Jane: My review

I have always been a huge admirer of the inspirational primatologist that is Dr Jane Goodall. And over the years, I have been lucky enough to meet her on several occasions

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R&S 2013

after being invited to her annual Roots & Shoots ceremonies in London – one of which I was honoured with the role of presenting the prizes alongside her on stage.

So when I discovered that National Geographic had made a documentary about her using footage from her first expeditions to Gombe in Africa during the 1960s, I couldn’t have been more excited to watch it.

In it, she talks about what she saw when she looked into a chimpanzees eyes. I remember the first time I truly looked into a chimpanzees eyes. It was at the UK’s primate sanctuary, called Monkey World in Dorset. It was the most incredible experience – watching him stare back at me, analysing every part of what he saw. But I felt this deep sadness in my heart. I felt like I could burst into tears at the thought of what humans are doing to our unique planet; harming these beautiful and intelligent animals by destroying the parts of the forest that they call home.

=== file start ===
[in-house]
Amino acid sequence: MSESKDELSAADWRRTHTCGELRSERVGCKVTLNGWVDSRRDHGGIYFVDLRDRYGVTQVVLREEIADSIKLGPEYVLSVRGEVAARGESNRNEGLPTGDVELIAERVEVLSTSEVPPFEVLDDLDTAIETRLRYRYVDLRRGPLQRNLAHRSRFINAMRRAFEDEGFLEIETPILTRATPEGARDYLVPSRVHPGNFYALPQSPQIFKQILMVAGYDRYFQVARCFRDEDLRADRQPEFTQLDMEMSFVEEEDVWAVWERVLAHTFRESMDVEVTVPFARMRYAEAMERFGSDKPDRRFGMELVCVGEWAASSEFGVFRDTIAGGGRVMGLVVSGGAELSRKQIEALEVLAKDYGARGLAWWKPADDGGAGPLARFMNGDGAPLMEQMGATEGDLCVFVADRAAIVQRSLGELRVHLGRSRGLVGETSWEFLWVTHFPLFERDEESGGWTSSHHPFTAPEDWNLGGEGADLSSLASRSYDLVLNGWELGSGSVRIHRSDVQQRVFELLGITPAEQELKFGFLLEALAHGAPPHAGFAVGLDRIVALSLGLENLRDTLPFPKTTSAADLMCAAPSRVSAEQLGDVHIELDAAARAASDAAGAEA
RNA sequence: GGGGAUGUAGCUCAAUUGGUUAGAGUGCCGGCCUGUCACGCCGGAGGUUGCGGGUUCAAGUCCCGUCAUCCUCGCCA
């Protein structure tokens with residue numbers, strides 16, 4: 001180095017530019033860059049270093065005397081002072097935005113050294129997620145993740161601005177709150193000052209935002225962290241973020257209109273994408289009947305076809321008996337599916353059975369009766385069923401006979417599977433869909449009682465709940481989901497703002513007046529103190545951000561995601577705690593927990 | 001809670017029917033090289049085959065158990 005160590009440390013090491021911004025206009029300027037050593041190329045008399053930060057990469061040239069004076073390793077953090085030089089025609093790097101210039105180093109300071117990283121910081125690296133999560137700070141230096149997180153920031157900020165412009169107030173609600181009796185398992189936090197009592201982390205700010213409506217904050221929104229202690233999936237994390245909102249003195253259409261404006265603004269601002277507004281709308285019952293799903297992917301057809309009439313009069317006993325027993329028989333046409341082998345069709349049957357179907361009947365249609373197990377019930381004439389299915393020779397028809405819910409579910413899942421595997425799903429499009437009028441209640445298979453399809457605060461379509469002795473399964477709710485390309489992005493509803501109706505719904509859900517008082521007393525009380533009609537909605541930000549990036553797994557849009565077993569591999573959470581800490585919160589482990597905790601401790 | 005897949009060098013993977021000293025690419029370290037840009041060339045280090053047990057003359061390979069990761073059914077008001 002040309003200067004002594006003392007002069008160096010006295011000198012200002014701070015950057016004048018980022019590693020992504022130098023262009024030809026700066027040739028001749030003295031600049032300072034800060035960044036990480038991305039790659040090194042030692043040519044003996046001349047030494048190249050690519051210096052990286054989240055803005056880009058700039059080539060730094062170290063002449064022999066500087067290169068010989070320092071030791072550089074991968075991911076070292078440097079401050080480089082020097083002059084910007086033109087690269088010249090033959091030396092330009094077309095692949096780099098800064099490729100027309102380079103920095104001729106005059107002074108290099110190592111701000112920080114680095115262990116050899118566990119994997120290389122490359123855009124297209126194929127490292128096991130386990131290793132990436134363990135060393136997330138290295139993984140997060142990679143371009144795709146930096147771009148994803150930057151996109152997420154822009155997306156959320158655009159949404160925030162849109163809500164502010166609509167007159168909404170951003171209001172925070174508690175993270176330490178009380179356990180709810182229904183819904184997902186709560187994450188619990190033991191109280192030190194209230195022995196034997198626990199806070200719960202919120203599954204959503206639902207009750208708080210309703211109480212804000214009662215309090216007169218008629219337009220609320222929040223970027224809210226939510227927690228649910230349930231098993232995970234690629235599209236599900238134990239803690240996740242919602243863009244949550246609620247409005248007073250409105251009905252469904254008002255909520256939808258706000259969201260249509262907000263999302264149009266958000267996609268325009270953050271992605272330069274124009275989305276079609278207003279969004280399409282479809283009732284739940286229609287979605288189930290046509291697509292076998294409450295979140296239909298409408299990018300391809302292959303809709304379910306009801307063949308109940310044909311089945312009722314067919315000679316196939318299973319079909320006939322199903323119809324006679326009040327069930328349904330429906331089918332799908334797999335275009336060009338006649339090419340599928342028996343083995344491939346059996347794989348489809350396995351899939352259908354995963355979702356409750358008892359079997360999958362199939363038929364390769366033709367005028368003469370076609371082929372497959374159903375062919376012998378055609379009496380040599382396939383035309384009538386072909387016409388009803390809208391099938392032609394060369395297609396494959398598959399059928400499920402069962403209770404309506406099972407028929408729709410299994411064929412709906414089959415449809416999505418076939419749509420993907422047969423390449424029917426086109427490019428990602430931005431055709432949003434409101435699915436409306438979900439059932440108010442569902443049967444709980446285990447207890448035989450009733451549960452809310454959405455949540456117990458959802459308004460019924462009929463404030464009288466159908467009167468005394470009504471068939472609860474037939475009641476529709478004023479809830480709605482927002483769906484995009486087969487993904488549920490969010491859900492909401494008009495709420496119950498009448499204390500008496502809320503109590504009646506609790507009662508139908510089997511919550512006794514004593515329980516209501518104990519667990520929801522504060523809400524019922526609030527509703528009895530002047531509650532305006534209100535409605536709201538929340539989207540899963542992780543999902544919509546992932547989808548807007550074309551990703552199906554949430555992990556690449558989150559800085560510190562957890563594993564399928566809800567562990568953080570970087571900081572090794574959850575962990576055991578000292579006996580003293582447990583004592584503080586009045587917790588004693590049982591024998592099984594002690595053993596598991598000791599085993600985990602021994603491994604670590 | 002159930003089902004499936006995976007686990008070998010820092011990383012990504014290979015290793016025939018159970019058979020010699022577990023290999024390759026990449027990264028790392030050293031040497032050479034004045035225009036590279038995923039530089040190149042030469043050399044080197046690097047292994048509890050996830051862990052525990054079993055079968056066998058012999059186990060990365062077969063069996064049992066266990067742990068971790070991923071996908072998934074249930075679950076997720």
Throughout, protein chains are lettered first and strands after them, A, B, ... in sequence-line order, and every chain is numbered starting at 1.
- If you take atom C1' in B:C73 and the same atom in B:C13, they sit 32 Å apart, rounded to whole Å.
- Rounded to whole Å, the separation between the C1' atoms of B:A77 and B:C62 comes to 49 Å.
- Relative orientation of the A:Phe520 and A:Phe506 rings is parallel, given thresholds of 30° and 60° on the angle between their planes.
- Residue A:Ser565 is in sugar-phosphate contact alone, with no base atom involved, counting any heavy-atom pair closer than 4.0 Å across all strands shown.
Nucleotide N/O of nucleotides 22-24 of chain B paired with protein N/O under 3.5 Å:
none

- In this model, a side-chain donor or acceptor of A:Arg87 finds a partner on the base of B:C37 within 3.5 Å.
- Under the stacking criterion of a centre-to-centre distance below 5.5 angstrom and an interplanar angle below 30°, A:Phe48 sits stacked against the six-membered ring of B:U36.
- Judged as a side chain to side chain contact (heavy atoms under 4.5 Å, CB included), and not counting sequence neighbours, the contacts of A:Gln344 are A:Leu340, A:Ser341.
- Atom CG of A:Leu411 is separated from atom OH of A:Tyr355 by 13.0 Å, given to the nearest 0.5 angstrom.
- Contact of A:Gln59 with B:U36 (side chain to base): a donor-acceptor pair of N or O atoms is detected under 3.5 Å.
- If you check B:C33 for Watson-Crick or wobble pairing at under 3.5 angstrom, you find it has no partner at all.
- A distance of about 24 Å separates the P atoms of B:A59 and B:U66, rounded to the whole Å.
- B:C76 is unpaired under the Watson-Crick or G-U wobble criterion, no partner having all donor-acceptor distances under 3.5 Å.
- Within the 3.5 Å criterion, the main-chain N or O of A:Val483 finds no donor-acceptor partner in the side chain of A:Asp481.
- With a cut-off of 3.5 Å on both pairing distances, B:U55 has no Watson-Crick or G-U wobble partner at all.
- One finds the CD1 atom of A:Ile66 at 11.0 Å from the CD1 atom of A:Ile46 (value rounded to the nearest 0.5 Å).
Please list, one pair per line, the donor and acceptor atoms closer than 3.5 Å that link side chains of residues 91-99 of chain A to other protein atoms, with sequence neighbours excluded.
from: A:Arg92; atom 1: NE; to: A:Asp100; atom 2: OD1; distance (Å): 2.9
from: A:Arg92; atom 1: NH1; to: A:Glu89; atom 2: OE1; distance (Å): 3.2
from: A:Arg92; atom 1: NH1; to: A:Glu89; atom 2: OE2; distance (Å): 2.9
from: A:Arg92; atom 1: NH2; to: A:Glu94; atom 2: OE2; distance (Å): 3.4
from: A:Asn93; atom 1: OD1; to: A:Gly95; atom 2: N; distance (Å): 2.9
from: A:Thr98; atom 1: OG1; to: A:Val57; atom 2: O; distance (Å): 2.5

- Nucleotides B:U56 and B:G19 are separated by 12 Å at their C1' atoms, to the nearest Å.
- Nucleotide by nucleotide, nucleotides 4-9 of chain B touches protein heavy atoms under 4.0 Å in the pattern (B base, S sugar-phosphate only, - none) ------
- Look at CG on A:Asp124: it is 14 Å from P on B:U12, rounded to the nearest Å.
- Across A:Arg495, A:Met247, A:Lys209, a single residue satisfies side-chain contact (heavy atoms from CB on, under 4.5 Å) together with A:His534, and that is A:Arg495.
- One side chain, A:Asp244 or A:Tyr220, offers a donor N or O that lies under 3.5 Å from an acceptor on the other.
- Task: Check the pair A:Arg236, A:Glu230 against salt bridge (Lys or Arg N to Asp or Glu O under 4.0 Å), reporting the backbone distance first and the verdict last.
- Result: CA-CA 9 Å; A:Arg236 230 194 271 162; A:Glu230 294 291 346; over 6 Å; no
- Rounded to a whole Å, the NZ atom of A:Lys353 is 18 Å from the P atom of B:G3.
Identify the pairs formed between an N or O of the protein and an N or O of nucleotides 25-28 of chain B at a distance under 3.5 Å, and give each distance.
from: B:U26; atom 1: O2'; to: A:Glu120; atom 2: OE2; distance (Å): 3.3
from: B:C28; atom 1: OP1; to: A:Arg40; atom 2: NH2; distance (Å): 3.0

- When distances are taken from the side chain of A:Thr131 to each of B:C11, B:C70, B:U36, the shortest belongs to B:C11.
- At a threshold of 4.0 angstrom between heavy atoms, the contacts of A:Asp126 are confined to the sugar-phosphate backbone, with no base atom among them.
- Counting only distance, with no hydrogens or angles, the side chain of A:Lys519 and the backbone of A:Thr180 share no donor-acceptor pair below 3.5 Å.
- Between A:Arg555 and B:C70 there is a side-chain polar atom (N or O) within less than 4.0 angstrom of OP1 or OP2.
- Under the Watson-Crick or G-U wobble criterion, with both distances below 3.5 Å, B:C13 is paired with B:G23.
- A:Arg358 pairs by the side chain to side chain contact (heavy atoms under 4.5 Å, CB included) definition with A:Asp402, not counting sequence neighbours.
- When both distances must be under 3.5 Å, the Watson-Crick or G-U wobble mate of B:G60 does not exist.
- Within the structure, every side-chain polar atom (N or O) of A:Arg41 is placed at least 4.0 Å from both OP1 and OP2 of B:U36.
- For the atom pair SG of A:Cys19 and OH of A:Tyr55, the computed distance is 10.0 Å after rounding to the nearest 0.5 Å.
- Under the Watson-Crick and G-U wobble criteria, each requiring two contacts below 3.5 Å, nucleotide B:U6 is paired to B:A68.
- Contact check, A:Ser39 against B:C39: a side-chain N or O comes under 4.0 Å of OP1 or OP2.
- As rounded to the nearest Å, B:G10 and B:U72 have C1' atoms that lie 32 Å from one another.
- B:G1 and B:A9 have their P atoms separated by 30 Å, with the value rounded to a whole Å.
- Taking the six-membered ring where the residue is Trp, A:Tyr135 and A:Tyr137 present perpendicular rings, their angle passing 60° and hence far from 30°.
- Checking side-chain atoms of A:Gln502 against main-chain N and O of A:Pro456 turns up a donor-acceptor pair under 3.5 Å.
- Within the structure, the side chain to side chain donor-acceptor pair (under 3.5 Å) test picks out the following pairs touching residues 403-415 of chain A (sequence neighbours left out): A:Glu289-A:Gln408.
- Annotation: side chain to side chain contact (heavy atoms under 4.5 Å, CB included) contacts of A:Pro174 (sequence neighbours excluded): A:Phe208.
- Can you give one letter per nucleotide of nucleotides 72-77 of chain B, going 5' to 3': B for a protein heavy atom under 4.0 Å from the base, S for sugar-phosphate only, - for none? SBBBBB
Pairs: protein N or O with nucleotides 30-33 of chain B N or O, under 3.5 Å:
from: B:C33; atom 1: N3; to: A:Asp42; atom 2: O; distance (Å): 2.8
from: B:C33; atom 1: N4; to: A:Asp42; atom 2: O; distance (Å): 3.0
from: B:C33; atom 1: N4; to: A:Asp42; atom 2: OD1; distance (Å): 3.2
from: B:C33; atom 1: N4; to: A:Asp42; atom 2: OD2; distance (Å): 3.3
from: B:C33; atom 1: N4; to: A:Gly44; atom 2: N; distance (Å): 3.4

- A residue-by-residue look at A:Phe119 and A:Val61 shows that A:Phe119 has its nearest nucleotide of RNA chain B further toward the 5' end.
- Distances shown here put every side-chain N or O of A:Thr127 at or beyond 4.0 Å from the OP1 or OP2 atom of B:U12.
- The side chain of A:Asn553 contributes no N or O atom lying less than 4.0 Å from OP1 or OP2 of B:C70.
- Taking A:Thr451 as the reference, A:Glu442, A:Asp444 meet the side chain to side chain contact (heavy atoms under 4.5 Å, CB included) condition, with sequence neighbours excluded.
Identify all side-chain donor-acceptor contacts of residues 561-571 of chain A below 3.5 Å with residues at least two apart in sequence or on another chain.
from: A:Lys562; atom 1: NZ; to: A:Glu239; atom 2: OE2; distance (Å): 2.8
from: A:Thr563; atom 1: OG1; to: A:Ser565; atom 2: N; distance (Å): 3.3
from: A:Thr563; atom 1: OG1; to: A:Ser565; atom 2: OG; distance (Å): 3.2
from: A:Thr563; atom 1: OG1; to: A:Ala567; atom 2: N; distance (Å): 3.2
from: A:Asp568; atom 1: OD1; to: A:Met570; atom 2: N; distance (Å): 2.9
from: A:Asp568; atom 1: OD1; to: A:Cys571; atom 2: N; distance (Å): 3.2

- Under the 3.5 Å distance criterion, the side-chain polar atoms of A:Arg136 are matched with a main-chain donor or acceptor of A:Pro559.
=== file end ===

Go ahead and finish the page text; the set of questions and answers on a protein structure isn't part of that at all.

Jane made such revolutionary discoveries during her time in Africa. To think that she was the first human to have been truly accepted by a group of wild chimpanzees, the likes of whom most probably would have never encountered a human before, was remarkable. Seeing all of the newspaper clippings, from outlets breaking her wonderful story, made me think ” wow, what a time it must have been – for her, for women, for the whole world.”
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The story of Flo and Flint, albeit incredibly sad, is a prime example that animals are sentient beings. They have feelings. They care and love one another just like we humans do, and equally have the capacity to grieve for family losses.

Watching the documentary, it was incredible to see how close she became with all the animals – not just the chimpanzees. Her passion for raising awareness of the threats chimpanzees are facing in the wild is clearer than clear. Since October 1986, she hasn’t spent more than three consecutive weeks in any one place. Applauding her for her hard work and dedication would be a severe understatement.

She is an inspiration. She is a role model. She is the real-life Dr Dolittle.

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Get ready for National Mammal Week!

This year’s National Mammal Week launches this Saturday. Organised by the Mammal Society, the week long event takes place every year during the last week of October and aims to raise awareness of the challenges mammals in Britain are currently facing.

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woodlandtrust.org.uk